EA Buying Star Wars Might Not Be All Bad

Illustration for article titled EA Buying Star Wars Might Not Be All Bad

The news that EA has locked down the rights to Star Wars games has, understandably, been met with a fair amount of backlash. Electronic Arts is far from people's most trusted and beloved publisher of video games, and fans are worried this will somehow be bad news for the future of Star Wars video games.

But is it all bad? Not at all. In some ways it's the best outcome we could have hoped for in, given the realities of big business, a fairly awful (read: lesser of two evils) situation. Here's why.

  • Disney was never going to break this up. As the owners of Star Wars, Disney was never going to offer the rights off individually to various publishers on a per game basis. It was only ever going to sign a bulk deal like this, lock somebody in for the long haul, and given the popularity of Star Wars, only a handful of publishers would have been able to afford it. Maybe even two. The other being Activision. Would you have preferred that?
  • These are good teams. EA is a terrible publisher, and for the most part, I'll agree with people who mistrust them and straight up dislike them. But at the same time, the specific studios named to be working on Star Wars games today have some of the best track records in the business in spite of that. There could be a lot worse developers out there working on new Star Wars games than the companies behind the various Battlefield games and Dead Space. Indeed, put it that way and it almost seems like a best-case scenario. Almost.
  • Think about those studios. They have specialities. If DICE don't end up making some kind of Battlefront replacement, using their Battlefield experience, I'd be very surprised. Or, if not that, then at least a decent shooter from the Bad Company team. Ditto for Visceral; we've had loads of quality Star Wars games over the years, but a quality survival horror experience hasn't been one of them. The benefit of the deal being such a big one looks to me like Disney is seeking to cover multiple bases with multiple projects catering to different genres and markets. So we'll get a shooter, yes, but other games like RPGs and horror games as well, hopefully.
  • It's not like Star Wars games have been setting people's pants on fire lately. When was the last time you played a truly great Star Wars game? Force Unleashed was OK. Republic Commando was pretty good. Before that, well. It's been a very long time. How is EA getting the rights to these games any worse than the situation we had previously, where Lucasarts sat on the license and either farmed it out for shovelware or released shoddy sequels?
  • These aren't kids games. They're not Facebook games. Disney will be handling the lighter stuff on their own. This deal is specifically for "core" games, the kind you'll play on an Xbox, a PlayStation or PC. Since that's a section of the market Lucasarts mostly ignored over the last decade - and since it's likely the section of the market you belong to - that's good to hear.

Of course, I'm a hopeless optimist. I always hear about deals like this and hope for the best because, well, that's how my mother raised me. I'll grant you, though, that there are also potential pitfalls ahead.

  • DRM. Always-online. DLC. Rushed annual releases. Ceaseless microtransactions. In-game advertising. You know, the bad stuff people associate EA with. The company has surely learned valuable lessons from recent disasters surrounding SimCity and Medal of Honor, but you can never be sure. If we start seeing Lightsabers® powered by Energizer™, it's time to bail.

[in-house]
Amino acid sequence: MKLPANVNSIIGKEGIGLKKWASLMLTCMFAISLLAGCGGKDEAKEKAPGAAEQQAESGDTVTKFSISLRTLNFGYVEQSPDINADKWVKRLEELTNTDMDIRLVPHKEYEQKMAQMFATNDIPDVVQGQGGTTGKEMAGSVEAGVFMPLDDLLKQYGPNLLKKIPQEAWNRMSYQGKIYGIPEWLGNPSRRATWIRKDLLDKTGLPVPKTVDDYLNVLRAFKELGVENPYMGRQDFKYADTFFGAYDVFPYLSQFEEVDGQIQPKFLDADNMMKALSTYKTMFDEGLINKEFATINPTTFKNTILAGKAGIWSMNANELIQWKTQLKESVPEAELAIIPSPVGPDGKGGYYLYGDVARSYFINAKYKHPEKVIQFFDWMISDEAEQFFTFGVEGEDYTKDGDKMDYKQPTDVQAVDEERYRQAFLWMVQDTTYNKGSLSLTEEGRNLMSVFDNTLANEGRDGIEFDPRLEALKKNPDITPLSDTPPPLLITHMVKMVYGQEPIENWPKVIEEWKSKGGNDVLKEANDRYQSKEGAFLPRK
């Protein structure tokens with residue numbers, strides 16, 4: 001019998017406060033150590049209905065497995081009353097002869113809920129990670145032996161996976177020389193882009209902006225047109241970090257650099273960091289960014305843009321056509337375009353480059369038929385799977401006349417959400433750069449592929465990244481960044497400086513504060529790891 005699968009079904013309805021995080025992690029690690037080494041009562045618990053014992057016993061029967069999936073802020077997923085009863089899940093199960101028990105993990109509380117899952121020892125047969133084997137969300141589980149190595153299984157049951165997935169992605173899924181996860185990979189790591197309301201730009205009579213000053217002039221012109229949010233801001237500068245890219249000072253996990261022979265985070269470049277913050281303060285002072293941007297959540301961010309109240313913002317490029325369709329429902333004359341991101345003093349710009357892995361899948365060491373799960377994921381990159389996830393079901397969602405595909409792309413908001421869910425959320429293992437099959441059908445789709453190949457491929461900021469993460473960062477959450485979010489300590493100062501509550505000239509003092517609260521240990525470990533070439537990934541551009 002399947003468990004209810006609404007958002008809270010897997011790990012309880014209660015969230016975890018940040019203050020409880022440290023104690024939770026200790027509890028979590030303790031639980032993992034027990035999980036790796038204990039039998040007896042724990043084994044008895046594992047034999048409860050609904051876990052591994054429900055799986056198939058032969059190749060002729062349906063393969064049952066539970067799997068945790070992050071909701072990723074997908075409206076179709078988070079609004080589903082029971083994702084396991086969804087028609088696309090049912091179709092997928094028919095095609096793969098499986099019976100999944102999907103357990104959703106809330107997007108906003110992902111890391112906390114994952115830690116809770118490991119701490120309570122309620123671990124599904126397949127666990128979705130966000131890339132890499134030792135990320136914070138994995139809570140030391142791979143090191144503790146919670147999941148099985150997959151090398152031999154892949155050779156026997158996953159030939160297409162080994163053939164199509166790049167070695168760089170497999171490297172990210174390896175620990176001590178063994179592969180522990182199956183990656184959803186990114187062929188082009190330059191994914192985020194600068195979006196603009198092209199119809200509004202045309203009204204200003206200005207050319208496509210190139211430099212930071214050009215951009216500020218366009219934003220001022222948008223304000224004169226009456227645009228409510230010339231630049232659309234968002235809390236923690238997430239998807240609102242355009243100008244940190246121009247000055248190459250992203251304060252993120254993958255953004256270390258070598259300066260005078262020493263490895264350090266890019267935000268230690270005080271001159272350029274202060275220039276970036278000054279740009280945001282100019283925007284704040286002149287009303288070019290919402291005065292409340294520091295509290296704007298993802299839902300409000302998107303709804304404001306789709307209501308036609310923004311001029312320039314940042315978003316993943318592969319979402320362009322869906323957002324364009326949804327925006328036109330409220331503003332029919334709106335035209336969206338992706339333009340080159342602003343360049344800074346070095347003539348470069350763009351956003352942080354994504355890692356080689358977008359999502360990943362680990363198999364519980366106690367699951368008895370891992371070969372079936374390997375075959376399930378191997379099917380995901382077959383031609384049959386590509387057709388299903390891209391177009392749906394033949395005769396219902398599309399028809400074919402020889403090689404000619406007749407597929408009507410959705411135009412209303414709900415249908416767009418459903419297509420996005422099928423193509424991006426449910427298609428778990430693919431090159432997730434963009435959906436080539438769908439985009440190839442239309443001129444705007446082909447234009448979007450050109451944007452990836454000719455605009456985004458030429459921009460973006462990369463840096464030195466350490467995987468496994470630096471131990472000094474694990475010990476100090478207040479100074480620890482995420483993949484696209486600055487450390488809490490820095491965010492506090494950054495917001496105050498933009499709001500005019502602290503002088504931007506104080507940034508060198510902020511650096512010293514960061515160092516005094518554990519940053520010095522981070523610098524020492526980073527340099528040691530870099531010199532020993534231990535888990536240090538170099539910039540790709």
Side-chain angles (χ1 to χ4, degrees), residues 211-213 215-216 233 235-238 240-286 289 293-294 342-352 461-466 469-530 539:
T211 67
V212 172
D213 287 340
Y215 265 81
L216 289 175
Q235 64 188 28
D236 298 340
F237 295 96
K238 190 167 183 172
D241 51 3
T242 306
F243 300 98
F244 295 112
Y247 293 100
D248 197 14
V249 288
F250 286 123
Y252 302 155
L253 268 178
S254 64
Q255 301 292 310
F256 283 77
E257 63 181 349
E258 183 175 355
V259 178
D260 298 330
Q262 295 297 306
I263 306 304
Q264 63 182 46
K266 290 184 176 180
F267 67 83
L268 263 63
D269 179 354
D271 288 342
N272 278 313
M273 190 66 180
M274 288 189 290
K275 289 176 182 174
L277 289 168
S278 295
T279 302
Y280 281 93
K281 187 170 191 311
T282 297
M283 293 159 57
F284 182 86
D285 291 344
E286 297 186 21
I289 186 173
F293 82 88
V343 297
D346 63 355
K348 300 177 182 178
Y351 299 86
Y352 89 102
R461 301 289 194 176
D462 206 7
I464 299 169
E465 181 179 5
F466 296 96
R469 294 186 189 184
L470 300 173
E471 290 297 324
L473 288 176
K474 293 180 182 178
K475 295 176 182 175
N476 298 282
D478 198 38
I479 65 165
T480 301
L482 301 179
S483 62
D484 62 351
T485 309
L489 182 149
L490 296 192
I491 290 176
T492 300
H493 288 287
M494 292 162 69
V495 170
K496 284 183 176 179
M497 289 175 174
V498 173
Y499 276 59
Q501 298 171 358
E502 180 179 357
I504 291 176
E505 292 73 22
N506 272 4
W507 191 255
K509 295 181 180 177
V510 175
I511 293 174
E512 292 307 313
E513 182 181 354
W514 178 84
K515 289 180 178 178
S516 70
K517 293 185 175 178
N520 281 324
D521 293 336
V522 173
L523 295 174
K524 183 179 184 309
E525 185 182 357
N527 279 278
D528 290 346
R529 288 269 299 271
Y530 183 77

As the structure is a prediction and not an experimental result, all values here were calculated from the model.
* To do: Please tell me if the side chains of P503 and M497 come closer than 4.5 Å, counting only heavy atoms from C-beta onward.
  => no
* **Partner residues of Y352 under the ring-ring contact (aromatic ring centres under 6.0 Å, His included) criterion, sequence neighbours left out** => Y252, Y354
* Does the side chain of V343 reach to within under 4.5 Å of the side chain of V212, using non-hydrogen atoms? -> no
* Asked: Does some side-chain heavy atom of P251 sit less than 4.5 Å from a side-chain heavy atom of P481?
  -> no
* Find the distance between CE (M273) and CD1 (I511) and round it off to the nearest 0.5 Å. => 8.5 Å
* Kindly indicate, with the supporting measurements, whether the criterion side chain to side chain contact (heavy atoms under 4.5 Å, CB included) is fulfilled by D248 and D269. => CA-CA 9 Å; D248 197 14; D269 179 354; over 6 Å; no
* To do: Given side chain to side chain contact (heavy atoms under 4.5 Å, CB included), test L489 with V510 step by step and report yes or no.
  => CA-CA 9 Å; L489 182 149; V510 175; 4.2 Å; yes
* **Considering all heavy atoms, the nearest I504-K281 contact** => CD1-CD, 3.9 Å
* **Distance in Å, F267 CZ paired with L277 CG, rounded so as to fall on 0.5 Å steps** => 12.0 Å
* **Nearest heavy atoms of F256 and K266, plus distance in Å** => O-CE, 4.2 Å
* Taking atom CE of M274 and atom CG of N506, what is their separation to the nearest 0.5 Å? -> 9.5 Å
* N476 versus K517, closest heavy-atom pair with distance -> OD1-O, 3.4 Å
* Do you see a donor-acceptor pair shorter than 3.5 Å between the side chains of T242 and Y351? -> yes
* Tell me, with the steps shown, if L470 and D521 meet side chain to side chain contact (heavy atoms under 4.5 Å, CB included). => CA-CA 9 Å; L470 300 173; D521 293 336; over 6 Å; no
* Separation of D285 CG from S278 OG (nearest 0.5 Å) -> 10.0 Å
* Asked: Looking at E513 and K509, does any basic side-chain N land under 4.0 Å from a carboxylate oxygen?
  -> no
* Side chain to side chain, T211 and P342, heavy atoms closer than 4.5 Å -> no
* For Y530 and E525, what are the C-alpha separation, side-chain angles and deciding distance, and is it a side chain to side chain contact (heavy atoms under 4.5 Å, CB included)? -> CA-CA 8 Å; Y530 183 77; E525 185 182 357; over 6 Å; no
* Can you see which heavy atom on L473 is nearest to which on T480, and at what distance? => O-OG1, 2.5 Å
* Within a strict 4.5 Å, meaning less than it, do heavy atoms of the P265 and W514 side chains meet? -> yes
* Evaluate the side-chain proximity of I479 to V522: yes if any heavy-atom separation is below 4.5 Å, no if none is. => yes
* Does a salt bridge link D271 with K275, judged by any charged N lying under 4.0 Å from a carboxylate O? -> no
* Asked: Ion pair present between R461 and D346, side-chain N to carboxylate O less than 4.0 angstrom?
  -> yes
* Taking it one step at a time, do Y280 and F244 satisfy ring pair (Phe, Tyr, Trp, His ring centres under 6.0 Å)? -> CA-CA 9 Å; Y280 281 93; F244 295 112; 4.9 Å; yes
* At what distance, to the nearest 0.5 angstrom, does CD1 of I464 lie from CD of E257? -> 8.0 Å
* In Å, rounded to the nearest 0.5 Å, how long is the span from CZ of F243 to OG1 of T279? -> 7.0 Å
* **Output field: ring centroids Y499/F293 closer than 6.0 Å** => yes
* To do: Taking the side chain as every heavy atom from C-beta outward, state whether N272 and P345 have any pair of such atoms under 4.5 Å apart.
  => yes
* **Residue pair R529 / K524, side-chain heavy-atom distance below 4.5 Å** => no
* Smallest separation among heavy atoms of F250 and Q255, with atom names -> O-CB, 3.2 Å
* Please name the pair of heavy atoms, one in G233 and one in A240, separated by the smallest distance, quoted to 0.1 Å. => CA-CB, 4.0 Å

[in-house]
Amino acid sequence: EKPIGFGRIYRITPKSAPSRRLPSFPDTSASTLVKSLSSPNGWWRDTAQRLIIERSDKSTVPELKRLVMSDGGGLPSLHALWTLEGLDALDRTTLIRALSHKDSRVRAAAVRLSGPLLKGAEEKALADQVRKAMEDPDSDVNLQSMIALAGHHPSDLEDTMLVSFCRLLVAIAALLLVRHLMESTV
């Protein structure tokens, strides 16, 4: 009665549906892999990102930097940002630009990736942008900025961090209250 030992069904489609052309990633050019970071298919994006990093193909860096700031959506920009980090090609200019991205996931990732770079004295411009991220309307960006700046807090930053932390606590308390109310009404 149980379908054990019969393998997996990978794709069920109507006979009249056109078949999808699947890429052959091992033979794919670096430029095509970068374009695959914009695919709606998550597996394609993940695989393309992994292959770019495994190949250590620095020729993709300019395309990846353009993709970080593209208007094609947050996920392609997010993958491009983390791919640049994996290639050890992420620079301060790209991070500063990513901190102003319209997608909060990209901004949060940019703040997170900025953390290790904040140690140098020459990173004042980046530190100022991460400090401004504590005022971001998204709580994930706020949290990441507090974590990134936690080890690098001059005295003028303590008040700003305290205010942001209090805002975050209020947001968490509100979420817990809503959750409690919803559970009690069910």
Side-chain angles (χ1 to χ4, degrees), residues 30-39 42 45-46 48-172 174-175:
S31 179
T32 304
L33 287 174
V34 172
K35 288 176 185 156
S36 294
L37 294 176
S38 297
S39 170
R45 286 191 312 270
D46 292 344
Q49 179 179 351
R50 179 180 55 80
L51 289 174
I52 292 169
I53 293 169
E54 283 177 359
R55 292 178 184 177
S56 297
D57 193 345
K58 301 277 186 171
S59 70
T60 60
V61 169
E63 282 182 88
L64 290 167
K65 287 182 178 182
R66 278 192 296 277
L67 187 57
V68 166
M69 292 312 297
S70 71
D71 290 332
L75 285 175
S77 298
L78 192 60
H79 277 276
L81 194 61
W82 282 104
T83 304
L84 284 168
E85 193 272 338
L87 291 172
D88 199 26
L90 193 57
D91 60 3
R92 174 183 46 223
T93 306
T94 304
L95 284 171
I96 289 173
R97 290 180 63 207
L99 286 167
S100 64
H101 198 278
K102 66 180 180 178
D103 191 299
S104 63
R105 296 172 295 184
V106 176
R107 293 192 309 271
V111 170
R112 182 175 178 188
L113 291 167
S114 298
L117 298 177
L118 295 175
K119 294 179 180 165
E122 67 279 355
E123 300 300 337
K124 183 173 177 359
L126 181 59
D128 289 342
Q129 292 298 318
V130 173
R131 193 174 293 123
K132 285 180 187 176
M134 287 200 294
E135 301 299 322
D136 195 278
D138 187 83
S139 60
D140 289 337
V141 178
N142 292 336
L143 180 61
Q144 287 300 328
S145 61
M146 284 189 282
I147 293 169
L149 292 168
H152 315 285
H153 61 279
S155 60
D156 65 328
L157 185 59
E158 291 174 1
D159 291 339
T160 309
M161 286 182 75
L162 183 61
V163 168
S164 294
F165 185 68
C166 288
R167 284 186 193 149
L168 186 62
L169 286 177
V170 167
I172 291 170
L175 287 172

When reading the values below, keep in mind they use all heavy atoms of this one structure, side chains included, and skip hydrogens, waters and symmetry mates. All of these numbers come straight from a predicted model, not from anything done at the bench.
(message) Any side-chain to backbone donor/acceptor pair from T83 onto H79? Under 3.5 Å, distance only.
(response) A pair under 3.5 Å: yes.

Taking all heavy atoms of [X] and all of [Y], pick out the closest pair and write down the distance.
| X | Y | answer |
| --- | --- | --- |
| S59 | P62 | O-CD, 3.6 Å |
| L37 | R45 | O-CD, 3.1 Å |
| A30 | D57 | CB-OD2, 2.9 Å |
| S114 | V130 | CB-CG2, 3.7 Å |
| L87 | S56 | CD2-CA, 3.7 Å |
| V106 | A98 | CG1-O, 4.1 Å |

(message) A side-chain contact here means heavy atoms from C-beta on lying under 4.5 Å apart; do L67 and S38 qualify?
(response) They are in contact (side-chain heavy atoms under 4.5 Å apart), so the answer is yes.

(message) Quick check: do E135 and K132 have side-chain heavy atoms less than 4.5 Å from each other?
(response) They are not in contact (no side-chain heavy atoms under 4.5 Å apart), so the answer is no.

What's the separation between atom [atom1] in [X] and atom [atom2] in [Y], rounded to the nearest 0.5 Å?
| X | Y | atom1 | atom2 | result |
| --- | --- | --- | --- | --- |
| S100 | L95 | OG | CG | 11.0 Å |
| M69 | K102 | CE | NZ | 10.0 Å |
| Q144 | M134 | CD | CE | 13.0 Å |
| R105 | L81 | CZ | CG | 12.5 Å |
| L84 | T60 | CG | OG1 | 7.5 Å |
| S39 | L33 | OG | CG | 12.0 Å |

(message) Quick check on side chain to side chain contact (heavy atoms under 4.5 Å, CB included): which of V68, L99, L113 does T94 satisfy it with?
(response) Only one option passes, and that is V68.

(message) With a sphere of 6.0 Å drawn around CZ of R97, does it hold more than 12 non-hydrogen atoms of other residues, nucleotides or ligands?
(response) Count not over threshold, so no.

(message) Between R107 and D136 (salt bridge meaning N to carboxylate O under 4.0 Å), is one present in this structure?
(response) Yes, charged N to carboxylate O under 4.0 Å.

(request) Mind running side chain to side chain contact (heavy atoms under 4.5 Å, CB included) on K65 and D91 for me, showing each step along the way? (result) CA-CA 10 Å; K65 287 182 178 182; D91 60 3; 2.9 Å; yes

• BioWare. Five years ago, news BioWare were working on a new Star Wars game would have made fans go bananas. But the BioWare of 2013 isn't the BioWare of Knights of the Old Republic. The company is spread - perhaps too thinly - over multiple teams, all of which have had a few black marks against their name lately, from Mass Effect 3's ending to Dragon Age 2's step backwards to Old Republic's colossal waste of resources. That makes going bananas a less immediate inclination.
  • Movies. It's easy to get carried away and start hoping for strong new takes on the Star Wars universe, or true continuations of series like KOTOR, but at the same time, there are new Star Wars movies coming. Lots of them. For every decent/good/awesome game we get, we're just as likely to get a movie tie-in.

Call me naive, call me a hopeless optimist, but as someone who's played a ton of Battlefield and Dead Space over the last few years, and who has yearned for someone to stand up and start making serious Star Wars games again in the absence of any real drive or ambition from Lucasarts, I'm quietly pleased - if not ecstatic - with today's news.

(top image by MasterChef_117)

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I was in agreement until I saw the list of bad things. Specifically the DLC remark. I've said this many times before and I'll say it again. There is NOTHING wrong with DLC. There are only a few cases of it being misused and EA has not been one of those abusers (I share this view with microtransactions as well). I'm aware of all of the cases they have been accused of foul play on the matter, but quite frankly, I think the arguments against them in those cases are baseless and lack common sense.

Also, when has EA ever had annual releases? I'm failing at the moment to think of any, except maybe NFS (but I could be wrong), so I'm not quite sure why that's mentioned. This isn't Activision. But I can't exactly argue against the rest of it (except maybe DRM. I'm not aware of many cases is which they've used it aside from Simcity, which has been debated, but I don't pay much attention to the PC world, so I could easily be wrong).